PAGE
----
Kenya mission was a trip to remember
Given the opportunity, there's a pretty good chance any of the 19 Christian Life School students who recently returned from a Kenya mission would talk for hours about their experiences.
Describing a life-changing event usually takes some time.
The students and four CLS staff traveled to Kenya March 24-April 3 for a mission trip. To hear the tales of a handful who were there, it was an experience they will never forget.
The school typically does a mission trip every other year. Past trips have usually been in Spanish-speaking lands, where students are able to use the Spanish they have learned in school.
This trip was a different. While Christian Life Church's Rev. Kent Boyum was searching for a destination, he came into contact with one of his college professors, who is now a missionary in Kenya. Three other opportunities in Central and South America had fallen through, and Kenya seemed a bit expensive.
Apparently, though, taking a mission group to Kenya was part of God's plan. Before long, things just started to fall into place. Students set to doing fund-raisers and the cost seemed to decrease.
And then a pre-Christmas miracle happened. While students were bagging groceries at Cub Foods in Rosemount, a man from Connecticut who was visiting family stopped to buy some groceries. He asked about the group's trip. Before he left, he wrote them a check. It was for $10,000.
"It was crazy," said senior Luke Spangrud, who was there that night. "He just folded up the check and handed it to us and said, 'Have a good night.'"
The students did lots of preparation for the trip, learning ministry skits, preparing songs and dances to share with children in the orphanages where they would be working and choosing Bible verses to share.
They bought items to bring to the orphanages. They held a contest in the school to raise money so they could pay for 120 pairs of shoes for the children they were going to see.
They studied the country. They read about the conditions. They packed their suitcases and they left.
And then they learned how fortunate they are.
The group worked with a program called Kenya Kids. Organized by the Kenya Assembly of God Church, the program usually provides church, housing and schooling for orphans. Kenya Kids takes orphans off the streets, teaches them to live in a family setting, educates them and teaches them the word of God, Boyum explained.
At first, the students were in an area of Kenya where the poverty wasn't bad. There were still many children, but they were staying in homes with ministers. They were attending a school.
But then, the group moved deeper into Kenya, into Mathare Valley, an area commonly known as Kenya's largest slum. With an estimated 700,000 to 1 million people living in shanties and shacks, and a very high crime rate, Mathare Valley was more than any of the students had expected.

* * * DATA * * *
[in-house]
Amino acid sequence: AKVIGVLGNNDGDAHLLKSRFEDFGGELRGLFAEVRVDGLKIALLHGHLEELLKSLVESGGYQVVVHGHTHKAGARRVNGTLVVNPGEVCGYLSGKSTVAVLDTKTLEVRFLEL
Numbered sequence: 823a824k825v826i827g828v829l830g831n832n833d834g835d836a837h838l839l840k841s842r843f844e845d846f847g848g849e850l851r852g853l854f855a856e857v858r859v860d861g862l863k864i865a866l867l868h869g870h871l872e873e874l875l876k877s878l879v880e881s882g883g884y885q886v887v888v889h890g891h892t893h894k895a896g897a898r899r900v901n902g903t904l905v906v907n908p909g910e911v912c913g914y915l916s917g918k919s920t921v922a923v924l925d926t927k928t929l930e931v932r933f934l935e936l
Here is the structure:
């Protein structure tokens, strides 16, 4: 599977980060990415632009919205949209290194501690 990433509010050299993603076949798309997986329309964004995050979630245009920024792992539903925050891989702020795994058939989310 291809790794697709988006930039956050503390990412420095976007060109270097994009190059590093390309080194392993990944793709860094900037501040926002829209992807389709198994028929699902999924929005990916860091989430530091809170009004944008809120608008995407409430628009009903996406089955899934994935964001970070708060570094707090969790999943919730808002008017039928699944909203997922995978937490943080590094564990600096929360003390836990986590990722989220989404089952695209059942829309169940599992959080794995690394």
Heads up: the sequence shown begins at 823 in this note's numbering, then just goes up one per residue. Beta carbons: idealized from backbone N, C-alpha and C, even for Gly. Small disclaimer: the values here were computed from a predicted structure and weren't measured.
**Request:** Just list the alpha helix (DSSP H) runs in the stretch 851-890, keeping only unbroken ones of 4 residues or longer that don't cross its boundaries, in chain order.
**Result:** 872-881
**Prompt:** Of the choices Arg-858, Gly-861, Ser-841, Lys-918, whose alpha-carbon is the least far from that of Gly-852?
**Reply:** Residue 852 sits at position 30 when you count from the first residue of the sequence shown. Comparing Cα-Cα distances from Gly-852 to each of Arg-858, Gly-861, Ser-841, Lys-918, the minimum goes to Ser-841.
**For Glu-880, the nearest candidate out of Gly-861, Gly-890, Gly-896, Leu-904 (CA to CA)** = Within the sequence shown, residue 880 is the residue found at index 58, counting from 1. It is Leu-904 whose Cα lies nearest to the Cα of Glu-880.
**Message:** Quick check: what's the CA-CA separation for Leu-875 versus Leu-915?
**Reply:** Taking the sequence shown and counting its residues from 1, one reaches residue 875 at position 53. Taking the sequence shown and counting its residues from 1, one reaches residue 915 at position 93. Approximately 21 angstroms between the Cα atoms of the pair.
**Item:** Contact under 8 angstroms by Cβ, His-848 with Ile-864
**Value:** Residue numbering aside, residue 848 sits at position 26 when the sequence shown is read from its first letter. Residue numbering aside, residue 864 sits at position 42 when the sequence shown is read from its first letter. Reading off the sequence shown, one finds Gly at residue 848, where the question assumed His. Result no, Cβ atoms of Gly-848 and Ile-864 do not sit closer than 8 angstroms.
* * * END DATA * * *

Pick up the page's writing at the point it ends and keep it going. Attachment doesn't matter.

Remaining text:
"The pastor there was so brutally honest," Boyum said. "He said, we honestly don't know if the kids will make it back to school the next day.
"I've never seen poverty like Mathare Valley before in my life. It's very overwhelming. I think it taught our students to appreciate what they have here. I think the students are still processing that," he said.
Surely, they are. Spangrud talked about seeing the children, many of whom are HIV positive. Junior Michal Graham said she was touched by how content the children are with the little things they have, sharing a story of watching a child play with little more than a piece of string and a broken CD.
Junior Shiloh Larson will never take her home for granted again. After seeing the conditions in which the children in Kenya live, she has a whole new appreciation for things she had just come to expect in her life.
"My attitude about my living conditions at home has changed so much. My bathroom is the size of their whole house. It's really a weird feeling," Larson said.
Despite the hardships they encountered -- the poverty, the hunger, the sickness, the danger -- the local mission group was able to find blessings along the way. Every night, the group held a sensory debriefing, a time when they could talk about the things they had heard and smelled and tasted of touched that day. In every experience, they gained a better understanding of the lessons even they were teaching the children in Kenya.
"That debriefing on sensory perceptions really opened their hearts to what was going on," Boyum said.
"It wasn't a field trip. It was a ministry trip that changed the lives of the students and the staff. We will never be the same again."
So would they go back and do it again if they could?